Abstract 11464: Socially Disadvantaged City Districts Show a Higher Incidence of Acute ST-Elevation Myocardial Infarctions With Higher 1-Year-Mortality and Elevated Cardiovascular Risk Factors - Results From the Bremen Stemi Registry
Background: The influence of social status and occurrence of ST-elevation myocardial infarctions (STEMIs) is widely unknown. Aim of our study was to analyze the association of social status in different city districts of Bremen/Germany with STEMI incidence as well as treatment quality and prognosis.
Methods: All patients(pts) with STEMI from the metropolitan area of Bremen/Germany are admitted to the Bremen heart center and documented in the Bremen STEMI-registry (BSR).Utilizing postal codes of their home addresses all patients with STEMI from 2006 to 2011 were assigned to four quartiles in accordance to the Bremen social disadvantage index (SDI); Q1:high, Q2: intermediate high, Q3: intermediate low, Q4 low.
Results: A total of n=2061 STEMIs were admitted to the Bremen heart center between 2006 and 2011. A decreasing social status was associated with a gradual increase of age- and gender- adjusted STEMI-incidence (per 100 000 inhabitants/year): Q1 47±5, Q2 55±3, Q3 62±4, Q4 66±5 (Anova Q1-Q4 p<0.01). Pts. from socially disadvantaged city districts were more likely to smoke and to be obese.However no difference in gender distribution, prevalence of diabetes, severity of STEMI as well as treatment quality could be observed. While pts. from all quartiles showed similar in-hospital age-adjusted mortality rates an increased 1-year-mortality could be observed in pts. from socially disadvantaged city districts.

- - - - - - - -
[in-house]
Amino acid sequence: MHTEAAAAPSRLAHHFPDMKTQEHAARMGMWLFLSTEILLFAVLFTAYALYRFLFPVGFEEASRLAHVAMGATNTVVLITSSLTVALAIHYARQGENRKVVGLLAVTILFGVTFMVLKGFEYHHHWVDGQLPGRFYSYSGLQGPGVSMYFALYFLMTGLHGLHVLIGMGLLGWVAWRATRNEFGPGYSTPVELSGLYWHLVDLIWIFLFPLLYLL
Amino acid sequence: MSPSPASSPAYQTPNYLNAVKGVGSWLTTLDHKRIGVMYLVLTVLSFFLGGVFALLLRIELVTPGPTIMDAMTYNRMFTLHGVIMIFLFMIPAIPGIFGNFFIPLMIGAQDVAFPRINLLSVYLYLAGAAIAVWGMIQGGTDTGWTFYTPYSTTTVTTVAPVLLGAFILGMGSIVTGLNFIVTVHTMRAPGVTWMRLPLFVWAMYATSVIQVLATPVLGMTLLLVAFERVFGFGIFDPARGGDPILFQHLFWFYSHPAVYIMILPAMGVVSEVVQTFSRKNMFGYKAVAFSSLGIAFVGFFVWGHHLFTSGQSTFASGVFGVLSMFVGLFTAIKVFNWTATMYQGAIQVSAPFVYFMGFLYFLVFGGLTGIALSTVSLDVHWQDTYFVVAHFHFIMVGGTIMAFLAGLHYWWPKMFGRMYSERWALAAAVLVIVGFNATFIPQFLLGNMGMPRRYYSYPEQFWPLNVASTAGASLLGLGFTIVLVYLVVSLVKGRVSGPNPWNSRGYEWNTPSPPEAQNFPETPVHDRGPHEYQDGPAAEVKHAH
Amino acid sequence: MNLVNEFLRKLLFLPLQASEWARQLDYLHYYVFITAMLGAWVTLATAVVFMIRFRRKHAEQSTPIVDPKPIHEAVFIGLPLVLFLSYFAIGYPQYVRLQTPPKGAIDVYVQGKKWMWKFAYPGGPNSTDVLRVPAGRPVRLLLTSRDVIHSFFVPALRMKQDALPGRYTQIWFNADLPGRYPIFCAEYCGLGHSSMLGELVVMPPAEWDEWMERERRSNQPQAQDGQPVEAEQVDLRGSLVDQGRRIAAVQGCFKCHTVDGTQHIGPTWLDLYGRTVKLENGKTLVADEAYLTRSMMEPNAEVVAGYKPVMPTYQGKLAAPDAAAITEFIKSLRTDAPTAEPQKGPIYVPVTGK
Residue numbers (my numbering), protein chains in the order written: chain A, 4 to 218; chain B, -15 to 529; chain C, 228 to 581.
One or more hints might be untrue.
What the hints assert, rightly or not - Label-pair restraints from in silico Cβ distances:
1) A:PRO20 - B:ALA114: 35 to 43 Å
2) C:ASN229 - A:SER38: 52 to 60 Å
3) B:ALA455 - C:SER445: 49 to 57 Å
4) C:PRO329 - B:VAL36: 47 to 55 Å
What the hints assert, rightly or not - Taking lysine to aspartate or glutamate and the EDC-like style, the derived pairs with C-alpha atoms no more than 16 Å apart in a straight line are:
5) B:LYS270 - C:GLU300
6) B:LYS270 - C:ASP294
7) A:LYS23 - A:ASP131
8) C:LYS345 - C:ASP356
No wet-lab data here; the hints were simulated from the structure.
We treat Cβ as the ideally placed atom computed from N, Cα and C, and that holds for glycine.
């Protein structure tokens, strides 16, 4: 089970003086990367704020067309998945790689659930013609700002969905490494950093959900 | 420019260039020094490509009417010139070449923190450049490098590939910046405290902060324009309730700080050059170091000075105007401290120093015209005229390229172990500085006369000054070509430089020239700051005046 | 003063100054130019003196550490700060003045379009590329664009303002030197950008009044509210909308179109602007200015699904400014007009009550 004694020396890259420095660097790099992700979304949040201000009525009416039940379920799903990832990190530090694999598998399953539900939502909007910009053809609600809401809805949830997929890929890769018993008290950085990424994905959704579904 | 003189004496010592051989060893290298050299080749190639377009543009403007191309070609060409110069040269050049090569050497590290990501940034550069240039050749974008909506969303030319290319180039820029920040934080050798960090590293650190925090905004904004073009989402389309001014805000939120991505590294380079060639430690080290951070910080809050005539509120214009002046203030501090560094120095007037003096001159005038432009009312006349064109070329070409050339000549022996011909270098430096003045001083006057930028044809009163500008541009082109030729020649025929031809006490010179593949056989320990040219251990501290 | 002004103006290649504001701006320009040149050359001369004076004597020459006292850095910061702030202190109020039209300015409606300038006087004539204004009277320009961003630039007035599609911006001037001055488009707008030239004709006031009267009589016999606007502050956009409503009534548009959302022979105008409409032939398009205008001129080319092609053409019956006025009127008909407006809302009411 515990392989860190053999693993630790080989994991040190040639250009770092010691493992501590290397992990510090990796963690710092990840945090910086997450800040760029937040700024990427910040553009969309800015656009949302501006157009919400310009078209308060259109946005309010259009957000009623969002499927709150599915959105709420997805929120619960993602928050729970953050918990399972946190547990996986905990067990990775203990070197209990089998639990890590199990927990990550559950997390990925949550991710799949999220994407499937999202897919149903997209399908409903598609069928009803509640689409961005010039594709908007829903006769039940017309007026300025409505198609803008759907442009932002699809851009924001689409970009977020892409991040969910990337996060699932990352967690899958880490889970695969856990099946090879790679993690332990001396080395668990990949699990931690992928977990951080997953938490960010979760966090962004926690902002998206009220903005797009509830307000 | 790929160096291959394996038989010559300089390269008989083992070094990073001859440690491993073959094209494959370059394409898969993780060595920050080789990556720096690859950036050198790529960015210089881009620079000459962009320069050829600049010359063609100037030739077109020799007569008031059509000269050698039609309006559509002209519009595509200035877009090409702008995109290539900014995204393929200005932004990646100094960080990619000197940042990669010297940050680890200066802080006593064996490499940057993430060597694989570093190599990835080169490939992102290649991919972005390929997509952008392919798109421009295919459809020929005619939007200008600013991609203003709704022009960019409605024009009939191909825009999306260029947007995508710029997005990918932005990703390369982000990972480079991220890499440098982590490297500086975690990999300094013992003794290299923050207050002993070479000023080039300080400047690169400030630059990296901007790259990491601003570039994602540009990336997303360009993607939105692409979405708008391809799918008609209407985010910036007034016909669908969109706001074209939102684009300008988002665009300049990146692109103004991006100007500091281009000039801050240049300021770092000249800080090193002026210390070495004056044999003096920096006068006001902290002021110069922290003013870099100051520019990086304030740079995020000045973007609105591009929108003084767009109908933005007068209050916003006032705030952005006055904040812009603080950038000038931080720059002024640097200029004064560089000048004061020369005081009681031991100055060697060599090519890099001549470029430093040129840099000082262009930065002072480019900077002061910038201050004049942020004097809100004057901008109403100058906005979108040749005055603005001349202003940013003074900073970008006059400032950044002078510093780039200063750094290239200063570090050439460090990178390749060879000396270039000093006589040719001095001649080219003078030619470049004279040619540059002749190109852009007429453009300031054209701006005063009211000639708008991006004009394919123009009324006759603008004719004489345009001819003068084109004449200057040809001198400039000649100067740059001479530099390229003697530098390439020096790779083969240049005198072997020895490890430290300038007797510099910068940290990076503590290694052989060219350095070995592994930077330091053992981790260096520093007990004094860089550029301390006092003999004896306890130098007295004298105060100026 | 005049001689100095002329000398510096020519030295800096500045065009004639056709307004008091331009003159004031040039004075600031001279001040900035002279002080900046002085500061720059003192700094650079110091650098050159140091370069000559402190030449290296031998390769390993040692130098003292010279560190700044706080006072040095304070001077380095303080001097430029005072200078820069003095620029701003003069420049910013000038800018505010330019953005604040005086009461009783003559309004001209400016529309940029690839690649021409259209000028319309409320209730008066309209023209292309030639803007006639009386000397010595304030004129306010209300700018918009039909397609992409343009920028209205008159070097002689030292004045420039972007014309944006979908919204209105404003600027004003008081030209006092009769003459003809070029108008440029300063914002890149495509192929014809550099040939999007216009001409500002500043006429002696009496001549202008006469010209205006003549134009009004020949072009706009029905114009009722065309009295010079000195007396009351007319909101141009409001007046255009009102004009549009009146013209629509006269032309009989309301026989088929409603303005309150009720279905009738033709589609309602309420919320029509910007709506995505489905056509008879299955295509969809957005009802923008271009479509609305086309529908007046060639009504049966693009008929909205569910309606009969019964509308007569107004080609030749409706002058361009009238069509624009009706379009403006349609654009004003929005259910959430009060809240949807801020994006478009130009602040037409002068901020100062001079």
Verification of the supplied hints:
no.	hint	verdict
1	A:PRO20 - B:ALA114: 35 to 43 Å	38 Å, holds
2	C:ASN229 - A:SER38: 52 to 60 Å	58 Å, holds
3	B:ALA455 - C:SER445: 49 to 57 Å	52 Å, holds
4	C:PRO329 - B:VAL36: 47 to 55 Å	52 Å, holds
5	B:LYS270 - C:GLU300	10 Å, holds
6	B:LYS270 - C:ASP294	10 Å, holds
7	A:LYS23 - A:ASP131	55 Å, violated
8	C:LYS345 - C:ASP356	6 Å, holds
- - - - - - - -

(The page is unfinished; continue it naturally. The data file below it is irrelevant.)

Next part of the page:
Conclusions: When assigning patients with STEMI to social clusters utilizing postal codes of their home addresses a direct association between STEMI-incidence and presumed social status can be observed. Furthermore patients with STEMI from socially disadvantaged city districts are on average younger, more likely to smoke and to be obese and showed a higher 1-year-mortality after STEMI. These data demonstrate that efforts/programs in primary and secondary cardiovascular prevention should in particular be organized in socially disadvantaged city districts.
- © 2013 by American Heart Association, Inc.